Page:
Abortion ‘Sleeper’ Bill To Ban Abortion In Texas (If Roe v. Wade Overturned)

Txlege Update“‘Is it better to be feared or respected?’ I say: ‘is it too much to ask for both?'”
Tony Stark, “Iron Man” (2008)

The dichotomy referenced by Iron Man’s true identity in the 2008 blockbuster Marvel film is not too different from a perennial debate taking place in pro-life circles:

Is it better to charge ahead and ban abortion outright (and damn the consequences), or to engage in a process that respects existing law?

The answer is “both,” according to HB 2350, which echoes Stark’s attempt at reconciliation of two points. The abortion “Sleeper Bill” or “Trigger Ban,” authored by Rep. Giovanni Capriglione, would prohibit abortion and create a civil penalty against abortion providers …

… but only in the event Roe v. Wade (as modified by Planned Parenthood v. Casey) is overturned.

“This bill will restore protection to unborn children, beginning at fertilization, by banning abortion when and to the extent that the Supreme Court reverses Roe v. Wade,” according to a statement from Texas Alliance for Life. The Tennessee Legislature approved a similar measure on Tuesday.

The Sleeper Bill is banking on judicial gains made under the Trump Administration which may lead to a chiseling away or reversal of Roe, the case which legalized abortion nationwide in 1972.

The divide in the pro-life community often described in shorthand as “abolitionism” versus “incrementalism” was present during testimony on the bill on April 1.

The incremental approach is favored by many in Republican leadership who realize that Roe and other landmark abortion rulings stand in the way of any bolder efforts to outlaw infanticide. Any progress would have to be made in “increments,” as the term suggests. However, a growing number of activists are favoring political courage as Roe is quickly encroaching upon the half-century mark. They are increasingly referring to themselves as “abolitionists,” patterning themselves after slavery abolitionists of the 19th Century.


Over the last few sessions, Texas saw a steady flow of new anti-abortion laws approved by a stronger Republican majority in both chambers. New abortion laws included waiting periods for abortions, surgical facility standards for clinics, bans on mandatory insurance coverage for abortion operations, parental notification, and tightened reporting requirements for clinics. But each came with its own set of legal hurdles to clear, as well as public relations challenges to overcome. Judges at various levels have blocked new laws which required cremation or burial of aborted fetuses and bans on second-trimester abortion procedures involving the brutal practice of dilation and extraction.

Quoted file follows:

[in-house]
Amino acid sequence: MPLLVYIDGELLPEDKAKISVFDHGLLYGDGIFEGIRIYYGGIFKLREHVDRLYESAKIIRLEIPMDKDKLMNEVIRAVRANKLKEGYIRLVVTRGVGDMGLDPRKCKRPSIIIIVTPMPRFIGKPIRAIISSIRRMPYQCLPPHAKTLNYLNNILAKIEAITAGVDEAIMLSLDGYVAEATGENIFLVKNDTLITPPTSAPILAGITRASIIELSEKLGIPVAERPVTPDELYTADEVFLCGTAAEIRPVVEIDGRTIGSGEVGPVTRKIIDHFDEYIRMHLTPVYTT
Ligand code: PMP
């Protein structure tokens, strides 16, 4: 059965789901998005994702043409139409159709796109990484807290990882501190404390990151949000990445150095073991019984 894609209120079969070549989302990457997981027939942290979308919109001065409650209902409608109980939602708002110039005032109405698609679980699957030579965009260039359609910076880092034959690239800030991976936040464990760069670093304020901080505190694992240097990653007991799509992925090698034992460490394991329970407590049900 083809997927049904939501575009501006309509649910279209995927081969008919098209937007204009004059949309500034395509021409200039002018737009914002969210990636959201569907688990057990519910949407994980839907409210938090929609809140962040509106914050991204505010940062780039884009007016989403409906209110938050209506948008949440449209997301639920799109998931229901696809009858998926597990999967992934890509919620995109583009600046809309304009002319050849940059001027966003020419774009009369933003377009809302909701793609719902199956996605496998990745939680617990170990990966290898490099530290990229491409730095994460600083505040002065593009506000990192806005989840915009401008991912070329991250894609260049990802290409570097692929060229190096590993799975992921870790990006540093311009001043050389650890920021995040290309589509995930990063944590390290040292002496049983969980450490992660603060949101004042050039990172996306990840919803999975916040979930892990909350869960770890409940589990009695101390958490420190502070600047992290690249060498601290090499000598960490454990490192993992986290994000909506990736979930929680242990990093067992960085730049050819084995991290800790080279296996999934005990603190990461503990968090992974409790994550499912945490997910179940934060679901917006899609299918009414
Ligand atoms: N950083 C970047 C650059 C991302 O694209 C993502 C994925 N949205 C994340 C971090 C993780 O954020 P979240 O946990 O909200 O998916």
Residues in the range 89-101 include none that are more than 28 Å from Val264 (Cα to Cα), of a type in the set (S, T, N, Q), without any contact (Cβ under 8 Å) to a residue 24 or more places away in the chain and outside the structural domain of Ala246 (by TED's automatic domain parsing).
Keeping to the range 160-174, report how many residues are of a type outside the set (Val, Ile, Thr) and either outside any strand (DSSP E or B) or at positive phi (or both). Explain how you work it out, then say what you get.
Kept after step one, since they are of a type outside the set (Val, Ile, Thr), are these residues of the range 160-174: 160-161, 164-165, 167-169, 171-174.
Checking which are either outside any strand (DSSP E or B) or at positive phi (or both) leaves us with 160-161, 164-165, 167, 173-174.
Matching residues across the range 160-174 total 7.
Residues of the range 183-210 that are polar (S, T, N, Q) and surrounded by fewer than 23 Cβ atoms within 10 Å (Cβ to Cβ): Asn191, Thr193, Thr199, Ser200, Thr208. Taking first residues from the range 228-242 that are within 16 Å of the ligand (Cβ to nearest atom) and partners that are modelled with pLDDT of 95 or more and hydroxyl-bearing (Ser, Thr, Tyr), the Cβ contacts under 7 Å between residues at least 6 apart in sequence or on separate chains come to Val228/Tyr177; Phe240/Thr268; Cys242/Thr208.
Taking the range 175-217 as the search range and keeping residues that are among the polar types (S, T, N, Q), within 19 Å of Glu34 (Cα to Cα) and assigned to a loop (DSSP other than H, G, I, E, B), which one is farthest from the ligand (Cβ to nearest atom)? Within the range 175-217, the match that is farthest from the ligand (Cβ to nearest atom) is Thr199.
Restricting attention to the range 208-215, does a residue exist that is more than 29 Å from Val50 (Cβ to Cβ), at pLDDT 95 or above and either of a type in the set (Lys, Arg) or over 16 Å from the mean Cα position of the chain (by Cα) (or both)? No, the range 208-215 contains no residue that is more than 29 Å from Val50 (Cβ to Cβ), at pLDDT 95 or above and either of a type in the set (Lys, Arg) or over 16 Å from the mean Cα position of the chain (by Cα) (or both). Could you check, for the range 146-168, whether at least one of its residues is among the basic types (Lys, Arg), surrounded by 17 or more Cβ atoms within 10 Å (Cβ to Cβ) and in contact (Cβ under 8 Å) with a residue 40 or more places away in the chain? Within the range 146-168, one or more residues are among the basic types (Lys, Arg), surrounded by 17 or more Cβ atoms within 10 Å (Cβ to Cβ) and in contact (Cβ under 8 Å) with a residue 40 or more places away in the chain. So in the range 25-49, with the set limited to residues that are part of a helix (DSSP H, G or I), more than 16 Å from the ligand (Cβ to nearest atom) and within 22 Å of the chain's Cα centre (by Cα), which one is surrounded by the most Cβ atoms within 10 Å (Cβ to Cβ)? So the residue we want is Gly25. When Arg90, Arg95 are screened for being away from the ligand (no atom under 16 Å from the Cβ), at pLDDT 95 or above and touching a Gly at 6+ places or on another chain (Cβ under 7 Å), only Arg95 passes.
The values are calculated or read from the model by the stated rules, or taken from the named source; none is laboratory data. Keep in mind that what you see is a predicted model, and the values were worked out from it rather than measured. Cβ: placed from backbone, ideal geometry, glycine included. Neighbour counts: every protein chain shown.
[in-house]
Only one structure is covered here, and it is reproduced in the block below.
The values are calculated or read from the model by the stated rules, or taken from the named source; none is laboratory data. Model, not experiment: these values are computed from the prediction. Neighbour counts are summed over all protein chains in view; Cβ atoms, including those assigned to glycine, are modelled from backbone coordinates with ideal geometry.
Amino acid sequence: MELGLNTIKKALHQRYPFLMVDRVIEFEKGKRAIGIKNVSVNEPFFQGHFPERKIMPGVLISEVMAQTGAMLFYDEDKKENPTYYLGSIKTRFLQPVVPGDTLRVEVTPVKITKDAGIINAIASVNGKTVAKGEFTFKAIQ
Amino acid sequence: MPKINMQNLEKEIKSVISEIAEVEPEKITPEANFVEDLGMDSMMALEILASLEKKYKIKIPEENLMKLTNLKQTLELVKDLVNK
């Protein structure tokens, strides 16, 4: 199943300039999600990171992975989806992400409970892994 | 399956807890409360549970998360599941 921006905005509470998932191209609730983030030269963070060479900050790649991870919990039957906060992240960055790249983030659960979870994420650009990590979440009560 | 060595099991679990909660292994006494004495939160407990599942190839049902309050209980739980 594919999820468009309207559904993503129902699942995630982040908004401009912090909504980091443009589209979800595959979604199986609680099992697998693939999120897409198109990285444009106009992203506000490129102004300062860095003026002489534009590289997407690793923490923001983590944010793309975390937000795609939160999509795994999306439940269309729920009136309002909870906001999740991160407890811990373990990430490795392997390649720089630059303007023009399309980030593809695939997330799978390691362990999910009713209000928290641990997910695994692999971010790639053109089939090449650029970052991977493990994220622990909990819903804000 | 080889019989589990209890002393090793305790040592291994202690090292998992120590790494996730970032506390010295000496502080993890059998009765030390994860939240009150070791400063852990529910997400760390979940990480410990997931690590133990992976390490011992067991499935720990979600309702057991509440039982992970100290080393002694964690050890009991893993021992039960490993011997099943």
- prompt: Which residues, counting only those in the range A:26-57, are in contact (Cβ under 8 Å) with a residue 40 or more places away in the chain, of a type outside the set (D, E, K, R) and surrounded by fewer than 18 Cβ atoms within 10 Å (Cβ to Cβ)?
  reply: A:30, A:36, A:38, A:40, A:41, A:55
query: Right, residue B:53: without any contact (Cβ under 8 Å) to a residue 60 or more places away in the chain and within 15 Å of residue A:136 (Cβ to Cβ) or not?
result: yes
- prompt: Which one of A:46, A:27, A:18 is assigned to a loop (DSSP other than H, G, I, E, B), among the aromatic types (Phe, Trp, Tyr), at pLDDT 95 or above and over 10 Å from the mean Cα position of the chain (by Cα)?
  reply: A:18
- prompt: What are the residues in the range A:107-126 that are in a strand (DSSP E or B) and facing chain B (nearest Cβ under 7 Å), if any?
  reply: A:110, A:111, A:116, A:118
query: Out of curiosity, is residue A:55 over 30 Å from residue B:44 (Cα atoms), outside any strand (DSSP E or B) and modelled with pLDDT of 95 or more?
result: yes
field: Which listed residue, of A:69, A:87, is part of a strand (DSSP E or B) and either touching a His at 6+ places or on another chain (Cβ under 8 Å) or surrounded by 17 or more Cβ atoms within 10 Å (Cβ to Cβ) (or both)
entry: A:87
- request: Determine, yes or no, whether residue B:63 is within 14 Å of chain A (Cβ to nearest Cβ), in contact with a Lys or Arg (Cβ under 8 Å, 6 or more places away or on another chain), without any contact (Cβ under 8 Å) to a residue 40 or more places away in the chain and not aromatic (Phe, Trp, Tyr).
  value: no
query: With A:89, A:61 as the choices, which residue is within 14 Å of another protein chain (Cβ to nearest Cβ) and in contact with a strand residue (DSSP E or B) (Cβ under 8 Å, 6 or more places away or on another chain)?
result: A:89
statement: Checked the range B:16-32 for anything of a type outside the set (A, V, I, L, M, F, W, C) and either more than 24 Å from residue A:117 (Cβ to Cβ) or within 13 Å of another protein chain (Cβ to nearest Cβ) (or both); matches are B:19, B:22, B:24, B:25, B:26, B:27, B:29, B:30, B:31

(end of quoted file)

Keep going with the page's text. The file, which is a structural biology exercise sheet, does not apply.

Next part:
The Sleeper Bill has authors from across the conservative spectrum (no Democrats yet as far as we can tell, and no listed companion bill in the Senate). A similar “sleeper” or “trigger” proposal with more conservative support is in the form of SB 2160 by frosh Sen. Angela Paxton, with an identical House companion bill (HB 1685) filed by Rep. Capriglione. Neither of these other bills have moved through committee.

HB 2350 received kudos from Republican Party of Texas James Dickey the day after its committee hearing: ““We are grateful for Representatives Capriglione, [Jeff] Leach and the many others who have filed legislation this session to save the lives of the unborn. This is a Legislative Priority for the Republican Party of Texas and one that is important to Texans all across this state. We are thankful that Republican leaders in the Texas Legislature are again leading the way on this important issue – and are bringing attention to previously overlooked legislative process steps so that the public understands the implications.”

Pro-life and social conservative groups have been relatively silent on this bill, which also has the backing of the Texas Catholic Conference of Bishops.

From the hip: The bill may be a sleeper in more than one way. State legislative observers have noted that there hasn’t been the usual ratcheting up of tensions regarding abortion policy this session — but that it is highly unlikely this session will go by without an abortion showdown of some kind. The Bishops, who are very likely walking point on this effort, often prefer the back channels over big media splashes. So expect HB 2350, and debate between the Senate and House versions, to become the “sleeper hit” of the 2019 session.

And for our non-Marvel readers, here is the aforementioned movie clip.



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